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Bong-Man

Funerals & the Culture of Death

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Found it.  Written last year:

Since 1963, Catholics have been allowed to choose cremation over burial as a means of laying a loved one to rest. Cremation is a popular choice since it is less expensive and more manageable than a full burial.

However, some Catholics have not been dealing properly with their loved ones remains. Common practices include scattering ashes, parting ashes out to friends and relatives, and keeping the ashes in a common area, such as a living room.


These practices promote heretical ideas and can be dangerous from a faith perspective. This is why the Congregation for the Doctrine of the Faith has issued updated guidelines.

According to the new guidelines, burial is still preferred, but cremation is an option. When a loved one has been cremated, their ashes must be kept intact, the same as one would treat a body. The ashes may not be separated or scattered. Instead, they should remain in a proper vessel that is interred in a proper place, such as a cemetery or church. Only the bishop can authorize an exception to this storage requirement in extraordinary circumstances.

The problem, the Congregation says, are new age ideas which have taken hold in modern times. People have come to see scattering of their ashes as allowing a "fusion" of them with nature, or that death is a form of liberation from the body. These ideas flirt with new age religion and are not Catholic. Ashes cannot be scattered because it gives the appearance of "pantheism, naturalism, or nihilism."

Finally, the document stresses that Catholics who choose cremation for reasons contrary to the faith, (e.g., to have their ashes scattered)  must be denied a Christian funeral.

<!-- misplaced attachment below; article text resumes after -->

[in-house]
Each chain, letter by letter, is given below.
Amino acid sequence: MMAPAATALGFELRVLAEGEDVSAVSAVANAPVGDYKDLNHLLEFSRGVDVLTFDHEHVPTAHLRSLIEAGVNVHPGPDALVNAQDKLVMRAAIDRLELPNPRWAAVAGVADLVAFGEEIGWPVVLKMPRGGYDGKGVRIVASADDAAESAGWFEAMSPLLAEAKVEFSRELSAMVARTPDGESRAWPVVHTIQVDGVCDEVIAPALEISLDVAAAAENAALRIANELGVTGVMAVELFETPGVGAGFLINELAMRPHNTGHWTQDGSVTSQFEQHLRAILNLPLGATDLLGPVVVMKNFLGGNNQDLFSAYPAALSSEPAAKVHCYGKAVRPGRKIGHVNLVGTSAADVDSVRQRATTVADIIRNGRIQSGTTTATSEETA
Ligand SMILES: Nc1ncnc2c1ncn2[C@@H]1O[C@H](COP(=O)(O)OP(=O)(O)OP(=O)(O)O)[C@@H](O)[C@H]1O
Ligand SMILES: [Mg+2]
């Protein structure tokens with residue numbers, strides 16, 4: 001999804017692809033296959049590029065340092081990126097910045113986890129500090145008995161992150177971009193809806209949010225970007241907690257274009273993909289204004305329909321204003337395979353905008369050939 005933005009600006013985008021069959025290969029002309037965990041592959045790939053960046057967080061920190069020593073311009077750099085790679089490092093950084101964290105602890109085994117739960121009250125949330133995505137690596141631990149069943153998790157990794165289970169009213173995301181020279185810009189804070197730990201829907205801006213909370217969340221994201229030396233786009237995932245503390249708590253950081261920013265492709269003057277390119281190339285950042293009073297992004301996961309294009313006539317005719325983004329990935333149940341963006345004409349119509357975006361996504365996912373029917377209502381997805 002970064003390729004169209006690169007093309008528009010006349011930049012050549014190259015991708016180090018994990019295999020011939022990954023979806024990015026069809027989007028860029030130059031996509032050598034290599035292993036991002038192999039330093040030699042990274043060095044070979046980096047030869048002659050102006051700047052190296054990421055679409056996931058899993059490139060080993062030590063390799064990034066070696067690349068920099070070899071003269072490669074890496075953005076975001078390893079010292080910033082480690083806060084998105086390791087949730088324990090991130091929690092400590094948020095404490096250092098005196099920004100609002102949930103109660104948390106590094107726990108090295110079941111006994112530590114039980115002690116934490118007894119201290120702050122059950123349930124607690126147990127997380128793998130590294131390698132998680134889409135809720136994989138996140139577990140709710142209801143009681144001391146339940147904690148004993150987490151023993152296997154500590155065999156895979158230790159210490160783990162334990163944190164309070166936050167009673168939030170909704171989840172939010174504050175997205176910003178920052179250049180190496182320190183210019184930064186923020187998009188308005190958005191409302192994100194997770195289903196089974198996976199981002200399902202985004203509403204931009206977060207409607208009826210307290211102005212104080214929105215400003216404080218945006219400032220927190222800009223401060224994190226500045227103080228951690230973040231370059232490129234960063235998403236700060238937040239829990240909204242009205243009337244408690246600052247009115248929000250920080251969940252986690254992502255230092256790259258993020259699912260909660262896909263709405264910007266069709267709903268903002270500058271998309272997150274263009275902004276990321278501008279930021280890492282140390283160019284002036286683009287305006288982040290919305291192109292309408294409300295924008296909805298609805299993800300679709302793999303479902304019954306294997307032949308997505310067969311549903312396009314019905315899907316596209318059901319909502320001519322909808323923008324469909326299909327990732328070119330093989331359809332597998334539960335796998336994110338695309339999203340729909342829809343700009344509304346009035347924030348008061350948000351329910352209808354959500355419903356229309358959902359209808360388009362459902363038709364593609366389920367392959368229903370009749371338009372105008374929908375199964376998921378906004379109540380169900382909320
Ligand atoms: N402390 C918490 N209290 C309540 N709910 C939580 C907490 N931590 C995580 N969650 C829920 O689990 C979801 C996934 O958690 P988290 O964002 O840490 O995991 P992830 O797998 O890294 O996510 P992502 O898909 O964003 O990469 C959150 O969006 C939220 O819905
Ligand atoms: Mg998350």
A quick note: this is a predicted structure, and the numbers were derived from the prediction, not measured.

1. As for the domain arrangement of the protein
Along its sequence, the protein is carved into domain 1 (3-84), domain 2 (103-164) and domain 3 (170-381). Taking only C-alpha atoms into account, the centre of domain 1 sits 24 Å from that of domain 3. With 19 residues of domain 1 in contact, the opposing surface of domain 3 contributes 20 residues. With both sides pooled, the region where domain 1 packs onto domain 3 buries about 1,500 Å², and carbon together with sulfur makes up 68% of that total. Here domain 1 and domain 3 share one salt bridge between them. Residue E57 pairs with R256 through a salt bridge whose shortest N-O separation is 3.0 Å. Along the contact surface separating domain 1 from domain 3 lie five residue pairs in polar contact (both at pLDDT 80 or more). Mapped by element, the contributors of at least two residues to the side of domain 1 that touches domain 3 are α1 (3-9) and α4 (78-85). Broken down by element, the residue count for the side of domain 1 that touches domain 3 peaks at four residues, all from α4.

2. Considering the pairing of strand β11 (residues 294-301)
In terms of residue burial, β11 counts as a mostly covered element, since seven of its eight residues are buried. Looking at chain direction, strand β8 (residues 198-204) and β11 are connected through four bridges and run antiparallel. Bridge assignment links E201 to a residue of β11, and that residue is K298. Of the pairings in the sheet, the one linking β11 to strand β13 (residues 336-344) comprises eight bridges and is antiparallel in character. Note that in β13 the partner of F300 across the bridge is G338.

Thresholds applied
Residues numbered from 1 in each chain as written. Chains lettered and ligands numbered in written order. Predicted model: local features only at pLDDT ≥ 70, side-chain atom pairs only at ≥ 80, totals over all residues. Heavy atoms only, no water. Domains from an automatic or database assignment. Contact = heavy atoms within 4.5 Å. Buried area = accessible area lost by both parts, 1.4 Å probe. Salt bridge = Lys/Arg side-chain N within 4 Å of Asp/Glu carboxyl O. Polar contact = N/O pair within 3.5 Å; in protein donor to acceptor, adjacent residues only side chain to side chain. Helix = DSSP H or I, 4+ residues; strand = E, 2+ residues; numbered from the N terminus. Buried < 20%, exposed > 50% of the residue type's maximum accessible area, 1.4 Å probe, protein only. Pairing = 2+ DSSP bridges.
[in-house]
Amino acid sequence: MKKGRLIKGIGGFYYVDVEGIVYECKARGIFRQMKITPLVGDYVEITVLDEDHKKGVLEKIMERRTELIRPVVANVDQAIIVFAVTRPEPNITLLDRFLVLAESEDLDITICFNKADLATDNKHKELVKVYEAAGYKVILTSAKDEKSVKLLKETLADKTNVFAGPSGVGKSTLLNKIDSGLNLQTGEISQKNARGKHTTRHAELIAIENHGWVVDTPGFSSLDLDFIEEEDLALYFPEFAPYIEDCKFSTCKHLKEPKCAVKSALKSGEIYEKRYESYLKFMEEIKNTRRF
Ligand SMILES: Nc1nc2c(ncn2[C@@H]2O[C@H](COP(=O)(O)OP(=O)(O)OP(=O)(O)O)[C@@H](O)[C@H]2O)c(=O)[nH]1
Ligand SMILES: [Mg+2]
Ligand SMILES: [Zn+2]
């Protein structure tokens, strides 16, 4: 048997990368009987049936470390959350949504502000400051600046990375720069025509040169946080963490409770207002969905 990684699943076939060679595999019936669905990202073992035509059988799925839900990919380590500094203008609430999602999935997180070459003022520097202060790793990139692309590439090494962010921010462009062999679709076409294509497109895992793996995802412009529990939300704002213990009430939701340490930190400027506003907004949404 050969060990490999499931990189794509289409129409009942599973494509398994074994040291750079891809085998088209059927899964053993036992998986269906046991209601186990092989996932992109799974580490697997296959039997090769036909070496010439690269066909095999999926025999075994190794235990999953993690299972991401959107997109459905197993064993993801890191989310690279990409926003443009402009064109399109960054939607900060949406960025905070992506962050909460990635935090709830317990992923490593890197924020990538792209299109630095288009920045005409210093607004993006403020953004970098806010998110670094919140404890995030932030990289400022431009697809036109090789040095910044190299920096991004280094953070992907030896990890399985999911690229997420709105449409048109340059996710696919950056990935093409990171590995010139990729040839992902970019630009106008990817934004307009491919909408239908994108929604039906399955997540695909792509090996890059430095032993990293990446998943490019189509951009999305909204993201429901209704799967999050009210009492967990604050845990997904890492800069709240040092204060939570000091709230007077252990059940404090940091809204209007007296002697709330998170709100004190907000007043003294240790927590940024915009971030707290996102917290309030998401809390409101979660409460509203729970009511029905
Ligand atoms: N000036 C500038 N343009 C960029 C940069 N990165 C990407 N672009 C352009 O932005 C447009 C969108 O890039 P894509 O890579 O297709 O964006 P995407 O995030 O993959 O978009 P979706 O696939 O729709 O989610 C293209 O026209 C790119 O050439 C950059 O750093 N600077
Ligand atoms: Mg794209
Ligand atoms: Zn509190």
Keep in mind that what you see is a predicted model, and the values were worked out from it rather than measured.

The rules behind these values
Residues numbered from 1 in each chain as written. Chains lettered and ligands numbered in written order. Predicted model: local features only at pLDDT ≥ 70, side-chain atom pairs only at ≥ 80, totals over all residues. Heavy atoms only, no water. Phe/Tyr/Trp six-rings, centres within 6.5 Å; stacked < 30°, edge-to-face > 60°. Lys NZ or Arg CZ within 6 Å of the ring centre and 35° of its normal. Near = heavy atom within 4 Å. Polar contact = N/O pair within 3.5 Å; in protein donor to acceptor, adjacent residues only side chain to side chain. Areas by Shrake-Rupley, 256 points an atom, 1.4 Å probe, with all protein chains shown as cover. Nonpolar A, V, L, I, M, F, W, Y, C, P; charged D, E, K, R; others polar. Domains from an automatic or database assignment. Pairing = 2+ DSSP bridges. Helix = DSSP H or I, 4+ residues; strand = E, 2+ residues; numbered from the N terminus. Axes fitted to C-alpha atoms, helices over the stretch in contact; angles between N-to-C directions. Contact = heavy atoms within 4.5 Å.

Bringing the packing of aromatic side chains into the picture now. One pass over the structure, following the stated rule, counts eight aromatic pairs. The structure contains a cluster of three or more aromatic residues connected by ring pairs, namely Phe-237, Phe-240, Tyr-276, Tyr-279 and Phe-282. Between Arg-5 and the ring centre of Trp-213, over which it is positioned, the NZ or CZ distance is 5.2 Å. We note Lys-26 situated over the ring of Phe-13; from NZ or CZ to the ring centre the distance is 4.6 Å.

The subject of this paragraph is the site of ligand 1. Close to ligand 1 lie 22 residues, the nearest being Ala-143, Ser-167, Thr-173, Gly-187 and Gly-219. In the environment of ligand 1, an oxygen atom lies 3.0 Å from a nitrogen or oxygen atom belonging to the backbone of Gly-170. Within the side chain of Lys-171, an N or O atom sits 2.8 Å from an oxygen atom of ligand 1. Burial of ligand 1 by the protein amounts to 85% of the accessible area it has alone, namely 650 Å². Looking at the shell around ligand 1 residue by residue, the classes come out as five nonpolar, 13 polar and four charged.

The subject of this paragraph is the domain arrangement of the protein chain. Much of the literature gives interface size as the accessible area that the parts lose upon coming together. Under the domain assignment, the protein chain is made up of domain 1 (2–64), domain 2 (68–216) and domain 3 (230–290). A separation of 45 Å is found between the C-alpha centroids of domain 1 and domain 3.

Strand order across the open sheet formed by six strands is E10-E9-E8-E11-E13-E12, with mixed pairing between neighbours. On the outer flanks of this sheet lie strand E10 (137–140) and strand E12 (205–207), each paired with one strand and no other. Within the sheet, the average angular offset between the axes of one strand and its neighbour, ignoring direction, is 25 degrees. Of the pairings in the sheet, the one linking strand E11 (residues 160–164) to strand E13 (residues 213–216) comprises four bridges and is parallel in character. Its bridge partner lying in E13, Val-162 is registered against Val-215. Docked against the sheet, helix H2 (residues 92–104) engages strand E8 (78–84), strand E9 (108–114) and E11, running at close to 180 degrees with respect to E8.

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Nothing has changed the funeral business more in recent times than the Great Recession.  Someone's lucky to leave $15,000 in their whole estate, let alone that much to pay for an old-fashioned funeral & wake.  Cremation and some type of memorial service seems to have become the norm.

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9 hours ago, Stryder1978 said:

...actually Jesus was a Jew and burial procedures were followed after his death.

Understandable, however Jesus never said a thing about the disposal of a human body. However, in Matthew 5:17-20. Jesus boldly claims to “fulfill” the Law of Moses, not uphold the existing law. So, though a Jew he was pretty much doing his own thing and believed the heart should dictate the requirements of the law, not the other way around. This is one of the reasons the catholics allowed cremations following Vatican II.

So, if you are a pre-Vatican II nutter like Mel Gibson, you must continue to experience mass in latin with the priest facing the alter instead of the congregation. Must continue to blame the Jews for the murder of Jesus, and must dispose of your dead in the earth.